Getting Started with Home Canning

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Start with High Acid Foods

I recently had a girlfriend ask how she could get started with her first canning project and I had the thought that some of my readers might also have the same questions, so I’m turning it into a post. First let me start by telling you why I love canning and freezing, it isn’t for the money I save. In fact, if you do the math, you would have to make canning and freezing a big hobby to really save a lot of money. It is the quality of the food that canning and freezing supplies and the satisfaction of a job well done. That being said, home canning and freezing is a great way to supplement your pantry and save some money. When you make canning and freezing part of your routine, you can buy fresh produce on sale and preserve it for later. This week I bought pears on sale at Sprouts for $.48 per pound and I made pear butter and canned sliced pears for the pantry. I also stocked my freezer with frozen blueberries and sliced peaches for smoothies.

Beginning Canning Supplies

One of the best ways to save money with home canning is to start small. After all the point is to save money, so although you can expect an initial investment, there is no need to buy everything brand new on the first outing. To get started with basic home canning you will need one box of pint jars which will come with lids and seals and a large stockpot. That is it. That is all you need to get started. If you would like to purchase an older cookbook with canning instructions then that might be helpful and some large canning tongs with a wire canning rack will come in handy. You don’t need a pressure caner until you are into more advanced things like soups and meats so don’t buy one until you decide whether or not you enjoy home canning. You can get started with a simple water bath method.

Beginning Canning Foods

Basically, the higher the acid content of the food, the easier it is to can. So, tomatoes, strawberries and anything pickled is going to be the best foods to try first. Vegetables are going to be preserved with salt unless they are pickled and fruits will be preserved in a light syrup and Fruit Fresh unless they are made into butter or jam. When preserving tomatoes and salsas you are going to put half a teaspoon to one teaspoon of salt in the bottom of the jar, when canning fruit you will mix a solution of sugar syrup and Fruit Fresh to pour over the fruit. This solution recipe can be found on the Fruit Fresh container. A beginning pickle spice mixture can be purchased in the canning supply section of your super market. The pickle spice mixture will have vinegar and produce specifications on the package. Simple fruit butters and jam recipes can be found on the web; I prefer to make them in the Crock pot to avoid burning.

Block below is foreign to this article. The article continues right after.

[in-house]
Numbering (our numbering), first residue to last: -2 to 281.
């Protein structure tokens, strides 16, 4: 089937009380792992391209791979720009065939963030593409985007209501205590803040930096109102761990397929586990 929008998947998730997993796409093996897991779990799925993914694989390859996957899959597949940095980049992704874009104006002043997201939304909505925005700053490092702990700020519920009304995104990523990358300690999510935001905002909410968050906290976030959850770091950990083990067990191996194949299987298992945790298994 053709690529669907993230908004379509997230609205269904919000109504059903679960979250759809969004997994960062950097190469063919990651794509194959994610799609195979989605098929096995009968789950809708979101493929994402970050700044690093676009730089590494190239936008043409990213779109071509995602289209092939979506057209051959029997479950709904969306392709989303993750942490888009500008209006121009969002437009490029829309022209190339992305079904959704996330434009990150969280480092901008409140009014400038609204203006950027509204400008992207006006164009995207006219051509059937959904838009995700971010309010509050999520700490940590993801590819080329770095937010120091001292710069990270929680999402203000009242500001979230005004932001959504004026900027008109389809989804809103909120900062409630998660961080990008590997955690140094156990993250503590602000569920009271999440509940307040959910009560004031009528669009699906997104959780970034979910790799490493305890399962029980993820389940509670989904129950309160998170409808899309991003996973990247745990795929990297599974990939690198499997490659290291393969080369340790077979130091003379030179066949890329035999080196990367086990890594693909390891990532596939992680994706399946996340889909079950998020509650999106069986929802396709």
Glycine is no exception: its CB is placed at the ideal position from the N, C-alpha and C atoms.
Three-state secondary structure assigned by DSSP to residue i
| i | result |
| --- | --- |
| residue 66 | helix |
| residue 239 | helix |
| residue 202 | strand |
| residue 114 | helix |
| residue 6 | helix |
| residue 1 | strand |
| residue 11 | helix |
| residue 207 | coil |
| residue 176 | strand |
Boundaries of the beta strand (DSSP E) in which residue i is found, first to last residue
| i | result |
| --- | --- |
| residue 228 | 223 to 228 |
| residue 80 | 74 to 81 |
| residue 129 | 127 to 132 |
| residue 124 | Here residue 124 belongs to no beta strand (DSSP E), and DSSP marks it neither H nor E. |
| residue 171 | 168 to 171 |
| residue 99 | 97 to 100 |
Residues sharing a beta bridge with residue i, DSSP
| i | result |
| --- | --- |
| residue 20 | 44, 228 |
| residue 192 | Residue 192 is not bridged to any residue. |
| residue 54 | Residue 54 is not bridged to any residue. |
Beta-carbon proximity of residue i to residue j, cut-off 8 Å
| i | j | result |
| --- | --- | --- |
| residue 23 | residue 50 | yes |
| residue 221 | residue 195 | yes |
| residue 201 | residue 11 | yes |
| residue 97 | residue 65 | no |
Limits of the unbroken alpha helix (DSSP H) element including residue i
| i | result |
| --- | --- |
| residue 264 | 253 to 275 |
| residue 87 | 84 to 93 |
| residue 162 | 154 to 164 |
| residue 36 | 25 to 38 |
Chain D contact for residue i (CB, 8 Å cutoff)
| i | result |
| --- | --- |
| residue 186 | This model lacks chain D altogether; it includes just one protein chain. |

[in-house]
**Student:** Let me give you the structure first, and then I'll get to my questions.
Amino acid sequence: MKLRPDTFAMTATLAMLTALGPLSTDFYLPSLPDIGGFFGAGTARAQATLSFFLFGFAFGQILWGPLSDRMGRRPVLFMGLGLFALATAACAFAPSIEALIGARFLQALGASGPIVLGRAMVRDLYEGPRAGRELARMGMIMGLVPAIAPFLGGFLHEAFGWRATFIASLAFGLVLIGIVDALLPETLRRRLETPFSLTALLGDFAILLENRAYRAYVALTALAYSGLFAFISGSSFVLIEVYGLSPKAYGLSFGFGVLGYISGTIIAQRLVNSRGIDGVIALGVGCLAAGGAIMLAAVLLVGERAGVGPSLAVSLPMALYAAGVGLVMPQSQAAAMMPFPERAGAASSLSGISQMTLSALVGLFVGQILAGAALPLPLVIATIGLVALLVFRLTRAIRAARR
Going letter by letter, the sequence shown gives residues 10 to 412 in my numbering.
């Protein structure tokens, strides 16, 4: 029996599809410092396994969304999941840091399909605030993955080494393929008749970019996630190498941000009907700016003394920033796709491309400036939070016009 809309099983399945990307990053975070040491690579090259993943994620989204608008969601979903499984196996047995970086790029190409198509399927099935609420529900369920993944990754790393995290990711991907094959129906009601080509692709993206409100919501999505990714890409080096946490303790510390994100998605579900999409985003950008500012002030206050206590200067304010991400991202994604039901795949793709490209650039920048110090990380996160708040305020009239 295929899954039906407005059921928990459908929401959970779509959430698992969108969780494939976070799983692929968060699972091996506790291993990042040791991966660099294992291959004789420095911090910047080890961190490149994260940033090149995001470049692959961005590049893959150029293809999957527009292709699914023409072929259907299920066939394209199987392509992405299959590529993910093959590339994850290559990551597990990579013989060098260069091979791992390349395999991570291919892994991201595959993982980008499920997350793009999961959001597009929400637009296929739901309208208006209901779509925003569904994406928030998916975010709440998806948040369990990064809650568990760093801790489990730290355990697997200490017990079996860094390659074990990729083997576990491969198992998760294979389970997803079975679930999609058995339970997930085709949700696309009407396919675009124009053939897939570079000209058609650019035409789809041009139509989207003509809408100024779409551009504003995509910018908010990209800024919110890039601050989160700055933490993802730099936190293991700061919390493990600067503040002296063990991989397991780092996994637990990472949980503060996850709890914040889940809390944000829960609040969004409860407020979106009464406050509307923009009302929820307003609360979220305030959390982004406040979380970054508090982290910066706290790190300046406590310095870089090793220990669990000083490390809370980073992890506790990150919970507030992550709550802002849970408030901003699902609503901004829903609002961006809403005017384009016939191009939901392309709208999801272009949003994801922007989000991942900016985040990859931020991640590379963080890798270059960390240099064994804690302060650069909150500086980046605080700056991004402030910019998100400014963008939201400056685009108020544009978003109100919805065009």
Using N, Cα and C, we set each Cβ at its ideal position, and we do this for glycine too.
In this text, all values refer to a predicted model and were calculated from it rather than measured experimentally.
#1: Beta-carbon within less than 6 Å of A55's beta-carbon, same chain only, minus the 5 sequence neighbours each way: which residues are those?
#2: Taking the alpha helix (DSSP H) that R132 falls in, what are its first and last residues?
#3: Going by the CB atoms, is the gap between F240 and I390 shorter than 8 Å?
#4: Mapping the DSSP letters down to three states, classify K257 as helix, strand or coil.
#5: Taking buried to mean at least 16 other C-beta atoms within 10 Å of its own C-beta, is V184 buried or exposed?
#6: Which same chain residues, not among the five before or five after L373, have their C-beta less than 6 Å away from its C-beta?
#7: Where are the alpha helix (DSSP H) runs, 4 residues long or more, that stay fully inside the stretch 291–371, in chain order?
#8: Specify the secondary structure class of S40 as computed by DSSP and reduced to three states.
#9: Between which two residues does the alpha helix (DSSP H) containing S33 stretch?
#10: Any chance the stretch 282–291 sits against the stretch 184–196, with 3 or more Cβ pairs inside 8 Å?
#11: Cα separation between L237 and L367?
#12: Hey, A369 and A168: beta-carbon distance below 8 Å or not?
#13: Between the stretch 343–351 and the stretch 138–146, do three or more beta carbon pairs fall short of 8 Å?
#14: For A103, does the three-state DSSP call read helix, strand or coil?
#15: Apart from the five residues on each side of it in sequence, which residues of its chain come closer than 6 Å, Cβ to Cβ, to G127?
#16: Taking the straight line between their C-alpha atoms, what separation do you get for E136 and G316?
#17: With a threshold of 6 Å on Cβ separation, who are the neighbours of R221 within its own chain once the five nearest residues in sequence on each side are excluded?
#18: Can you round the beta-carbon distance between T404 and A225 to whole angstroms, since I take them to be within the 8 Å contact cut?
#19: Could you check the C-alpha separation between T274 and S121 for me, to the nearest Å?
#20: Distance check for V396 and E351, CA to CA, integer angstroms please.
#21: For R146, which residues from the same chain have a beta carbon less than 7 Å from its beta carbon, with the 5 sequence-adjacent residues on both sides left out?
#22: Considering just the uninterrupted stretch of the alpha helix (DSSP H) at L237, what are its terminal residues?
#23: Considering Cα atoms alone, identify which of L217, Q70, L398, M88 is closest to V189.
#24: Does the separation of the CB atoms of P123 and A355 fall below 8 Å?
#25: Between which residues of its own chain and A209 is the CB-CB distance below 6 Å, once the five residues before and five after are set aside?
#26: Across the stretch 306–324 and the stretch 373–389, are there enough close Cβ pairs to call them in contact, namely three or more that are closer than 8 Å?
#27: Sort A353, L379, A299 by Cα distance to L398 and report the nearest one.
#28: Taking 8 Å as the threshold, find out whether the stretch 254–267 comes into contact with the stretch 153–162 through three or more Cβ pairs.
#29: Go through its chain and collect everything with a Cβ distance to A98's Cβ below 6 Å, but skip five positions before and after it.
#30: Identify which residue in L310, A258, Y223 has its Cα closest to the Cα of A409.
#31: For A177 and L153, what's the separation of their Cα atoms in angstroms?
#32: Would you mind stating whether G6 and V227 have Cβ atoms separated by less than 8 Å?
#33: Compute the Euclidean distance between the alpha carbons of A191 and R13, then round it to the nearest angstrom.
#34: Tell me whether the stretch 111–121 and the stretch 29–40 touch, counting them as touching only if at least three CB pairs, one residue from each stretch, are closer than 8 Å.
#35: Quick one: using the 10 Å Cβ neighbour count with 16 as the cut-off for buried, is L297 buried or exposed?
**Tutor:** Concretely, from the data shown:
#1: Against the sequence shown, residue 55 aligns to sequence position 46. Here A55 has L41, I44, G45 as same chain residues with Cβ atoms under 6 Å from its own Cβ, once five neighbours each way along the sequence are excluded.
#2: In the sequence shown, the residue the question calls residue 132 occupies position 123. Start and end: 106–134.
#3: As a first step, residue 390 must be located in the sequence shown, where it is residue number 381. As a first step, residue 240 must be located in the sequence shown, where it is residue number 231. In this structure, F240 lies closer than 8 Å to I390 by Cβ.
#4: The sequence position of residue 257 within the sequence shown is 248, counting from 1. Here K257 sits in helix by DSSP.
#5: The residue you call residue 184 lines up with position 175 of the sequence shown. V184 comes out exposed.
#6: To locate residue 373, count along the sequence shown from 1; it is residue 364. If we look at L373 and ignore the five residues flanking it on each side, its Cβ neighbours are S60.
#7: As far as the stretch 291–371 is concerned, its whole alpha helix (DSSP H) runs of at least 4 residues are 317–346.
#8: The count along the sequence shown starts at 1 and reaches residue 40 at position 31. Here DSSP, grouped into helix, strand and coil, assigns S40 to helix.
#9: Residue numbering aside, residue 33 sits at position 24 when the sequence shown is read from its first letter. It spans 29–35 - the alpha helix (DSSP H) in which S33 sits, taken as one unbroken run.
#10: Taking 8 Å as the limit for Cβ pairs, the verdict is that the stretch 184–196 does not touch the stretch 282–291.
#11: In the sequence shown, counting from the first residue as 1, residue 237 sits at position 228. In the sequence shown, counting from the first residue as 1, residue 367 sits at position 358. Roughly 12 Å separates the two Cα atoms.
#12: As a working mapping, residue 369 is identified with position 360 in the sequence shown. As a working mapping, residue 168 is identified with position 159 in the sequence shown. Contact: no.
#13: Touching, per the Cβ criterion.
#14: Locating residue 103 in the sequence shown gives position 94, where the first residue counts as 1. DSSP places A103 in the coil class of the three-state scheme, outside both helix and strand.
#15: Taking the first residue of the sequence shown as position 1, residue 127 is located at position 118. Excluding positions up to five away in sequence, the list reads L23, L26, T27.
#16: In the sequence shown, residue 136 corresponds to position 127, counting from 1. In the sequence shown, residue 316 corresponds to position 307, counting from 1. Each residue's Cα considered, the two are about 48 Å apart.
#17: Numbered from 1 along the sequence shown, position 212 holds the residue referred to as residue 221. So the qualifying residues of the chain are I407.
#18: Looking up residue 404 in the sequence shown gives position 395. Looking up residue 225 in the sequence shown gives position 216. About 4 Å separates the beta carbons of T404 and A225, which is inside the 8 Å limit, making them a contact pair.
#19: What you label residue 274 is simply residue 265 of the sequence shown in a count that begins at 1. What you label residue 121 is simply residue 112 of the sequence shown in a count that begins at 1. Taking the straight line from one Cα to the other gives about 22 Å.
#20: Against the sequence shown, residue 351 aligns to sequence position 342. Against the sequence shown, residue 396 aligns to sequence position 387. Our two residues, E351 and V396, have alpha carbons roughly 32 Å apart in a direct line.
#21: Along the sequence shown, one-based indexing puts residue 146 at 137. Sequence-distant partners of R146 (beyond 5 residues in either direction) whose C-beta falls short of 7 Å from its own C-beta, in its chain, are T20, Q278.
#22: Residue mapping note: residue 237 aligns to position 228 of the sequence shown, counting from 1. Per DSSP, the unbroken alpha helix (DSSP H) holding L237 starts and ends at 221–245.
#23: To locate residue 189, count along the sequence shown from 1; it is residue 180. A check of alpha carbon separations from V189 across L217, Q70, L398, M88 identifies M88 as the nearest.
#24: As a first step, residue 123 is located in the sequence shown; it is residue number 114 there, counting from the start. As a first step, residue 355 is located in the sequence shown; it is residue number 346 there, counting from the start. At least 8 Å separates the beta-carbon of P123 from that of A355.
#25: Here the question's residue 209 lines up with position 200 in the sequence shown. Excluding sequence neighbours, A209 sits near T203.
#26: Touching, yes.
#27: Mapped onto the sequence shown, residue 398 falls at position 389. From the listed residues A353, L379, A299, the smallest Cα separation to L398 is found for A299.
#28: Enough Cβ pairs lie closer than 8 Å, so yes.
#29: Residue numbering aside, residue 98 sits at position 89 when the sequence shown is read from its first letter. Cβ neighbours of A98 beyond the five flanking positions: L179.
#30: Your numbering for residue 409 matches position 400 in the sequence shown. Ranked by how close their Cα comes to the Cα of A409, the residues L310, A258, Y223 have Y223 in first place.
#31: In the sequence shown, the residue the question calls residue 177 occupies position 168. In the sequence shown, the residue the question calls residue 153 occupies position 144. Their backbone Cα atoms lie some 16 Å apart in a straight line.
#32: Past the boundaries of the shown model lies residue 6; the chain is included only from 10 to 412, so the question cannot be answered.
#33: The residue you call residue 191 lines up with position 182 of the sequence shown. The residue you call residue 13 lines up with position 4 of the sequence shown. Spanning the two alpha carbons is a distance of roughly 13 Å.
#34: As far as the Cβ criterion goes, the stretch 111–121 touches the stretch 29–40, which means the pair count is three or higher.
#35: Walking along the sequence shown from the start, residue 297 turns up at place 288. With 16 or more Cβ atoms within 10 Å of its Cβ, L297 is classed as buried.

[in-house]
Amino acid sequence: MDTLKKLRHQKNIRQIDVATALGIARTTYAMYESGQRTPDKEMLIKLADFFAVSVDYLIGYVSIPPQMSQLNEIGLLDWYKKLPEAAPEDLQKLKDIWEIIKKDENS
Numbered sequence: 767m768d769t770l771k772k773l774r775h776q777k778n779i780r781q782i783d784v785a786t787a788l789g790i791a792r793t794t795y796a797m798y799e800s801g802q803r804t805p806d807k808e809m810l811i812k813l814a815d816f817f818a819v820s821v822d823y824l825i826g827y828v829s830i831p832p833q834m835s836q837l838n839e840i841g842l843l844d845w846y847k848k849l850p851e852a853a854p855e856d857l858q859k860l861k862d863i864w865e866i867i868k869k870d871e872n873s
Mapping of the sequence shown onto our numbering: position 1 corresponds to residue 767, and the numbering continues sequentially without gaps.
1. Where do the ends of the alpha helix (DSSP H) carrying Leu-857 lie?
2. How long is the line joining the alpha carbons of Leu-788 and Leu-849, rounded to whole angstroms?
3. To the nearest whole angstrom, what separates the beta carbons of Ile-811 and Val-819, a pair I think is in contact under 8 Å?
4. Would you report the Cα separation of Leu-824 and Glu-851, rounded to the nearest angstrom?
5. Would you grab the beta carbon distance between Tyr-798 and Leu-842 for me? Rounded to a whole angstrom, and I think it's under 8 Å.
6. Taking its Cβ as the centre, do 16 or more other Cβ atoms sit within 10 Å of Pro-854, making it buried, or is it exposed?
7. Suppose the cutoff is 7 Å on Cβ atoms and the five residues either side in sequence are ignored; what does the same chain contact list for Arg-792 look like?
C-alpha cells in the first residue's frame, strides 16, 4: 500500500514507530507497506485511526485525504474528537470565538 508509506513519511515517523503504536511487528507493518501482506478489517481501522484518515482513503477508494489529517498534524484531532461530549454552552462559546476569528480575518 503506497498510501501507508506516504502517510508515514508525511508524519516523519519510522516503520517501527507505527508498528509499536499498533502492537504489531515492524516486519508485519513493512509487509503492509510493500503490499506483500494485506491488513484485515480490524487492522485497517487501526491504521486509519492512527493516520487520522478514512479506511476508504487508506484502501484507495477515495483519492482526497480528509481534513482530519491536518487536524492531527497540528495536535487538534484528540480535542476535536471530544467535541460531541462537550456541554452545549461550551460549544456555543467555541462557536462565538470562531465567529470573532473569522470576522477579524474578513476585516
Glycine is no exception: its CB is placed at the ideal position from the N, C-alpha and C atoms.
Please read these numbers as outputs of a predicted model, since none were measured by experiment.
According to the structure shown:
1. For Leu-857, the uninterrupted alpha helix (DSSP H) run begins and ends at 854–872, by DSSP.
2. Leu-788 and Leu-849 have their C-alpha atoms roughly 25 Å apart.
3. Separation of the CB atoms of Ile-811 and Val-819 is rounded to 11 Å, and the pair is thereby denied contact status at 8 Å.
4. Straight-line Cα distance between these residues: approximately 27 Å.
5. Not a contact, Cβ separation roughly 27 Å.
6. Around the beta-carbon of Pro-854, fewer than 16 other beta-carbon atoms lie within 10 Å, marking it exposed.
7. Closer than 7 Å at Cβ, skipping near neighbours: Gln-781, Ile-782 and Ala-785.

Foods that Can Well
Tomatoes
Salsas and Tomato Sauce
Fruit Butters and Jellies
Anything Pickled
Peaches
Green Beans
Apples
Pears
Foods that Freeze Well
Avocados (preserved with Fruit Fresh)
Corn
Peaches and Berries

For the More Advanced

Items like chicken soup or meats of any kind; foods that are high in starch like corn are going to be more difficult to can. You may either want to consider freezing these foods or purchasing a pressure caner if you are enjoying home canning and ready to try something a little more difficult.

Finally your going to need one really good resource for preservation and processing measurements and times. When you can, you are going to follow these steps: prepare your food for canning (salsa, sliced peaches, sliced pickles etc.), fill your jars, put the lids on and then boil the filled jars for a specified amount of time. So then, depending on what you are going to can, you will want to resource an amount of preservative (salt, fruit fresh, vinegar solution) and the amount of time to boil the filled jars. After preservation and processing you will know your canning was a success as you hear each jar pop as it cools. Off the Grid has a great chart for processing times and Bella Online is also a great resource.

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